As we head into #GivingTuesday, where modest donations in high volume are king, we are reflecting on a larger-donor dynamic that suggests a wait-and-see attitude toward predictions for more than 20-percent growth in overall fundraising for the day, at least as the event will be experienced in local communities. We would note that the daylong fundraising event will be spread across 50 countries this year, so readers should see our analysis as focused on our domestic scene.
There is good and bad news in the latest quarterly report from the Fundraising Effectiveness Project (FEP). While giving overall increased significantly over the third quarter of 2018, the number of households giving continues to trend downward; this is the result of increases in the dollar amounts of large gifts.
As readers may recall, NPQ noted this confluence of trends in an article by Dr. Patrick Rooney at the beginning of this year, and both components of the phenomenon appear to be becoming more extreme. This may place an event like #GivingTuesday, which depends upon smaller dollar donations for the most part, firmly in the crosshairs of these inequitable times.
Granted, FEP’s definition of a major gift is any donation of $1,000 or above, but that category increased over 2017, while revenue from general donors ($249 and under) and mid-level donors ($250–$999) still lags behind last year. The mean donation on Giving Tuesday in 2017 was $120.
“At this point, there’s one major reason giving is increasing, and that’s money raised from donors giving larger gifts,” said Elizabeth Boris, chair of the Growth in Giving Initiative. “We are concerned that we are seeing increases essentially from only one group of donors, and that the total number of donors continues to lag.”
In line with the combined trend lines, the total number of donors has decreased by 4.3 percent in 2018 compared to the same period in 2017.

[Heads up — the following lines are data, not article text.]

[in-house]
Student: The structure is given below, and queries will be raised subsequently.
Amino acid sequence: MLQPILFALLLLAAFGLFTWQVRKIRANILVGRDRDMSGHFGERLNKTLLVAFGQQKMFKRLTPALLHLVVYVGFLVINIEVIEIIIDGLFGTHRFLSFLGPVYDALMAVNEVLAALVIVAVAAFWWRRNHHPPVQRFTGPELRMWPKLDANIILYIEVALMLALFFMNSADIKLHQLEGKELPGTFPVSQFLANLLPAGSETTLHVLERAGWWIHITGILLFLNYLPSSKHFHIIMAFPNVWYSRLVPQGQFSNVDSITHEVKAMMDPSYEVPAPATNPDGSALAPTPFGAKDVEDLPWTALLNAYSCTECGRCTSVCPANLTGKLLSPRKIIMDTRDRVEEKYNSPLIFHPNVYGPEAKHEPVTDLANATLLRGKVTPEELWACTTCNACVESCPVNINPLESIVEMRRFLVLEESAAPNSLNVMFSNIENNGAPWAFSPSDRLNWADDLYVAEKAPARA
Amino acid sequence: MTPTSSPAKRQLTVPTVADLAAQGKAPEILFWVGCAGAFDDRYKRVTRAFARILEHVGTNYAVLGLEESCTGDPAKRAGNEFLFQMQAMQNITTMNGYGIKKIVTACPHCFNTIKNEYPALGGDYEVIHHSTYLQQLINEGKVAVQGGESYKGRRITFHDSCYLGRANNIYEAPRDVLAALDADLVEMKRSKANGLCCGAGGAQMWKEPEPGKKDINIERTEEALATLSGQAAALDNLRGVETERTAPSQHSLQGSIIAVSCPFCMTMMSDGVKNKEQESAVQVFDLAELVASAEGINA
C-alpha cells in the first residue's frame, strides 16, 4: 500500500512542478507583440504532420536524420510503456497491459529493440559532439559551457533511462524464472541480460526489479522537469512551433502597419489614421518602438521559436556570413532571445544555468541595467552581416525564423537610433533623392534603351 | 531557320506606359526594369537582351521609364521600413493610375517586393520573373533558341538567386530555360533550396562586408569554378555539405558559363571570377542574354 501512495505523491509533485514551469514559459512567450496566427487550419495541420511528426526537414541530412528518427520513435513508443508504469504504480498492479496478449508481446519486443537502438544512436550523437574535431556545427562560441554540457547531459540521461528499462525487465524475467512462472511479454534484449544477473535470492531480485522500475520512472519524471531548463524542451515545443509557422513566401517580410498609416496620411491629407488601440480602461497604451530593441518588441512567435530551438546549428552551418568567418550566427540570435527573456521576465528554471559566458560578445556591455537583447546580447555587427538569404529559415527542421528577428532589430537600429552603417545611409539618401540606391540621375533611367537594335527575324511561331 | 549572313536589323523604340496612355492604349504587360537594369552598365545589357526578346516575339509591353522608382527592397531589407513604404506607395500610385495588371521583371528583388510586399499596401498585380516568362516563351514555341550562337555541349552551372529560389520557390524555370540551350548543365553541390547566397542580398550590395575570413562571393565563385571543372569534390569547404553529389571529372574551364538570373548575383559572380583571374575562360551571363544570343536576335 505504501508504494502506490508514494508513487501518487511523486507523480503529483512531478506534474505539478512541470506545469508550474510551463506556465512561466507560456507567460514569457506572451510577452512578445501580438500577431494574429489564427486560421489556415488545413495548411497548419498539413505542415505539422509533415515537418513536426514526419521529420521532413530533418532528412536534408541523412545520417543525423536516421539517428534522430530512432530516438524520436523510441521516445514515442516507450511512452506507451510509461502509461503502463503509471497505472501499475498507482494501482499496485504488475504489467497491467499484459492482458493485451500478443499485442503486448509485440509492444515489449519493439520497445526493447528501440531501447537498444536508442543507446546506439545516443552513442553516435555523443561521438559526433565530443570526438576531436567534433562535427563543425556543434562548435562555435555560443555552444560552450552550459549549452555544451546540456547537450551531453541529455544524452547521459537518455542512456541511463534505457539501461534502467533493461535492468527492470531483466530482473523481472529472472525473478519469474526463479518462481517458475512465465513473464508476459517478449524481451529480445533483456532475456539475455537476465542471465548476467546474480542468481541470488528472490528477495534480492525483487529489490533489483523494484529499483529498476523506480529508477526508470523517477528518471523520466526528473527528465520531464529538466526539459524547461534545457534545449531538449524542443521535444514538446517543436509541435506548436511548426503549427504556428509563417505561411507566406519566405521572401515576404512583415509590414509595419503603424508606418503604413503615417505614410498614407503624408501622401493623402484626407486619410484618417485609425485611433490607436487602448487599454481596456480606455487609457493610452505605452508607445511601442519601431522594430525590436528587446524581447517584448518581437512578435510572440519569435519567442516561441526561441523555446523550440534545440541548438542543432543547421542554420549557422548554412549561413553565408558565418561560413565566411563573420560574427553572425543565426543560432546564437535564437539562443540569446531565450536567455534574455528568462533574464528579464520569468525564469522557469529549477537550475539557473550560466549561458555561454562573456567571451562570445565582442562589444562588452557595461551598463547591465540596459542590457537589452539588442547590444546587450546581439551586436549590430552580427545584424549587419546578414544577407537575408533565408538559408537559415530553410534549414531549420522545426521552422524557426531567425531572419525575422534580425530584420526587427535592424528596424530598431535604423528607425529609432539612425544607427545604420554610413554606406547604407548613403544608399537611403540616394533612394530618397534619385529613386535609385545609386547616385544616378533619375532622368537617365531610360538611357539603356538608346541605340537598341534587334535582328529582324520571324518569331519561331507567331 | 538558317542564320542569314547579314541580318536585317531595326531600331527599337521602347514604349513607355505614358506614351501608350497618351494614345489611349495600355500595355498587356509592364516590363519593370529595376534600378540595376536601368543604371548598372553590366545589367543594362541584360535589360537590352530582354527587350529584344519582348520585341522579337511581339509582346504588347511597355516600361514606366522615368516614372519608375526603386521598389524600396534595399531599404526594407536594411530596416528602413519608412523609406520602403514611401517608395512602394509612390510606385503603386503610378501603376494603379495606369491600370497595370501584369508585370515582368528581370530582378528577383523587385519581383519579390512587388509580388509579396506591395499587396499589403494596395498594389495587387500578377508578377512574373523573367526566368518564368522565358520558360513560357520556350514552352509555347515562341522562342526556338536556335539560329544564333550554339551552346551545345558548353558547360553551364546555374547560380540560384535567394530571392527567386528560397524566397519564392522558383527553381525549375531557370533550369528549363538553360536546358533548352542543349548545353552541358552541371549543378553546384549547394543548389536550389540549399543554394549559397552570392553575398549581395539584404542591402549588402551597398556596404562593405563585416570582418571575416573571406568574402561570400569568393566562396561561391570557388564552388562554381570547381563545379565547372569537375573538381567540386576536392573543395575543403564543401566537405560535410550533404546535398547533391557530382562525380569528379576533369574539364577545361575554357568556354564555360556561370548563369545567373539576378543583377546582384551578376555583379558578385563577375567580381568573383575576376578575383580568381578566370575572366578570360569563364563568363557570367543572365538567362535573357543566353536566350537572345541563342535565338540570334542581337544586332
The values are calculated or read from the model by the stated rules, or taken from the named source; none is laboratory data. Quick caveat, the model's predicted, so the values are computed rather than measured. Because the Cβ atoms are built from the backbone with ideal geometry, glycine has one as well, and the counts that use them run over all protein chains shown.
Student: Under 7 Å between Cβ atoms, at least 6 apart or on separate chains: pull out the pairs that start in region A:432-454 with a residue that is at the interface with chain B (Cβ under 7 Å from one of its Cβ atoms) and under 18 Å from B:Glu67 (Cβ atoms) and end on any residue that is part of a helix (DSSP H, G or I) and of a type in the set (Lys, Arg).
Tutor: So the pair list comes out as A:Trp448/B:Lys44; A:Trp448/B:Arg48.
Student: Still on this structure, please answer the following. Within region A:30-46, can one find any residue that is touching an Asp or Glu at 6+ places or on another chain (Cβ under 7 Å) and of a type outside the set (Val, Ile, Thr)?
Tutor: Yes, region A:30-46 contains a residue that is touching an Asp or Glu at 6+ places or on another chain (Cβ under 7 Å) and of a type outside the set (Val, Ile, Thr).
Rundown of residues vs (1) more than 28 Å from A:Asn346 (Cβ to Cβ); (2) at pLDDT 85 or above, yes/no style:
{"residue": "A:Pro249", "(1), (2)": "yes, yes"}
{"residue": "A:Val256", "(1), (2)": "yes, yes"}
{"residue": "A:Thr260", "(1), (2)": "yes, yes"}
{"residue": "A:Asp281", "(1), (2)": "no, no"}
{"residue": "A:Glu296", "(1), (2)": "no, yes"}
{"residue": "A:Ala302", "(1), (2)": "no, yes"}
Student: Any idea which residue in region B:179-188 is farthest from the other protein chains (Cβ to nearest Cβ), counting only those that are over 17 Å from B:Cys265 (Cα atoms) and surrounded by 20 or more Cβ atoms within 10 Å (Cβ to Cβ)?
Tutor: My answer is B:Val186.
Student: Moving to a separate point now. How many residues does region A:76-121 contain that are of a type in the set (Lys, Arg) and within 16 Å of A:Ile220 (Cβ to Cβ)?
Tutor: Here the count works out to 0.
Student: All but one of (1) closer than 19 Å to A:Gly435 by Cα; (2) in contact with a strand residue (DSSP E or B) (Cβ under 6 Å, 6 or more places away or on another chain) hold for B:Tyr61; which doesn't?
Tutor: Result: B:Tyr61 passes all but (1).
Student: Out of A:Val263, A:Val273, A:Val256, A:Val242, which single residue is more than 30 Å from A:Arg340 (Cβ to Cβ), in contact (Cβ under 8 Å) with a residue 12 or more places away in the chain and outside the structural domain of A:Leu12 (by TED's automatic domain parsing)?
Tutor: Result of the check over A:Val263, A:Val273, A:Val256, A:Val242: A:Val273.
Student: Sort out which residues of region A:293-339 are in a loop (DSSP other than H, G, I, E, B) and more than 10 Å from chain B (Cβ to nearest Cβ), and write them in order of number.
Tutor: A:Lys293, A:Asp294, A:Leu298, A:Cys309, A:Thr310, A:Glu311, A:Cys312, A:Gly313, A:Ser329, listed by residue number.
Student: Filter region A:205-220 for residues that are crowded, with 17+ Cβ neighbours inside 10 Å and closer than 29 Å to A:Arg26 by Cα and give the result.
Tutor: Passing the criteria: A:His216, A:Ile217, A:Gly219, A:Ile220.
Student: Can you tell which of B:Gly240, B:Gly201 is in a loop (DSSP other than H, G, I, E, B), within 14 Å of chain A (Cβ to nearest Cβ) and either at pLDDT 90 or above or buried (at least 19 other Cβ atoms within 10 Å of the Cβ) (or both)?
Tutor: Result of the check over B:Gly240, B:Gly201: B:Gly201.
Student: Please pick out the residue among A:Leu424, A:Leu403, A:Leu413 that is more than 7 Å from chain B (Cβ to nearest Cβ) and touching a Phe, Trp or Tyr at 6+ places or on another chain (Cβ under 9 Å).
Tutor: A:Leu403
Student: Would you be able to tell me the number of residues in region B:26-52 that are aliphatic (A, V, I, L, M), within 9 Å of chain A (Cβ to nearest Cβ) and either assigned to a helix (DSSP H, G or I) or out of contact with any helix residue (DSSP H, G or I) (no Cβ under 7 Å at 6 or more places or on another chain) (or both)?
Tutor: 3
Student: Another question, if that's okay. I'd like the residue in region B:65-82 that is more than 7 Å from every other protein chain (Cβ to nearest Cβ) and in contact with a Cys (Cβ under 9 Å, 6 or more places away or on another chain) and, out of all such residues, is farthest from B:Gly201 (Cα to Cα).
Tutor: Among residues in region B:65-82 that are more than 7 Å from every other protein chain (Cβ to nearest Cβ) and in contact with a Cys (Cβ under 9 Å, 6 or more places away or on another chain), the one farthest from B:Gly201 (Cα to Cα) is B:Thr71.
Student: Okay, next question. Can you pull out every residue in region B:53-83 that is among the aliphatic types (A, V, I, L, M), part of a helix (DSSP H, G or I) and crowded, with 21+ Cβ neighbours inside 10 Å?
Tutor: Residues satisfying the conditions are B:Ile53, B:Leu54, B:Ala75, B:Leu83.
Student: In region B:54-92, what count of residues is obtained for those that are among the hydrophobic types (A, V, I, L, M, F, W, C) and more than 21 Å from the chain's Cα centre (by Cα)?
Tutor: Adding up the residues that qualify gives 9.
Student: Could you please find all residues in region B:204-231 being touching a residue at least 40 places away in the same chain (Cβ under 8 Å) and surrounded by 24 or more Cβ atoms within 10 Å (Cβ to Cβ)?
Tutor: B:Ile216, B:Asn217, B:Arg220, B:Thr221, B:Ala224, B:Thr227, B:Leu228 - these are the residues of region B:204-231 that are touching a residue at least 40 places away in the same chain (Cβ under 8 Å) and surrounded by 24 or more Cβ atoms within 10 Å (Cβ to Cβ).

“What we’re trying to do with our Quarterly Reports is track the flow of giving and see if there are trends we can determine that will give us a sense of how giving will do overall,” said Boris. “However, there are a lot of factors that can influence giving, such as changes in the tax law, natural disasters, or even an important political election. While the number of people giving is lower in 2018 so far than it was in 2017, a strong fourth quarter can change everything. Even if we have a great #GivingTuesday and fourth quarter, though, the FEP wants to remind charities of the continuing long-term challenges we face, such as the slowly shrinking pool of donors.”
But how likely are nonprofits to see a comeback in a year where the tax incentive that sparks end-of-year giving has been removed for most donors, replaced by a higher standard deduction per the Tax Cuts and Jobs Act of 2017? According to the Detroit Free Press, about 46.5 million taxpayer households itemized deductions for 2017, “but that number is expected to drop to 18 million for 2018 returns—or about a bit more than 10 percent of individual returns, according to the Joint Committee on Taxation.”
In recent years, charities have organized their fundraising campaigns to take place between Thanksgiving and Christmas, pushing for end-of-year gifts so donors can take advantage of charitable deductions. When that deadline no longer factors into when most people give, will the last month of the year be as lucrative as it has been in the recent past? Even at NPQ, which does not generally believe that donors are overwhelmingly influenced by tax breaks, we could imagine that the removal of the deadline will have some effect.
Higher-dollar donors will still be able to itemize charitable deductions, of course, and this may only worsen the existing dynamic of more large-dollar donations and fewer small-dollar ones. Predictions for 2018’s #GivingTuesday call for a 21-percent increase in overall revenue raised and an estimated total of $363 million. This would be a $63 million increase over 2017. Stranger things have definitely happened, and for those who have placed eggs in this fundraising basket, we wish you a very strange day indeed.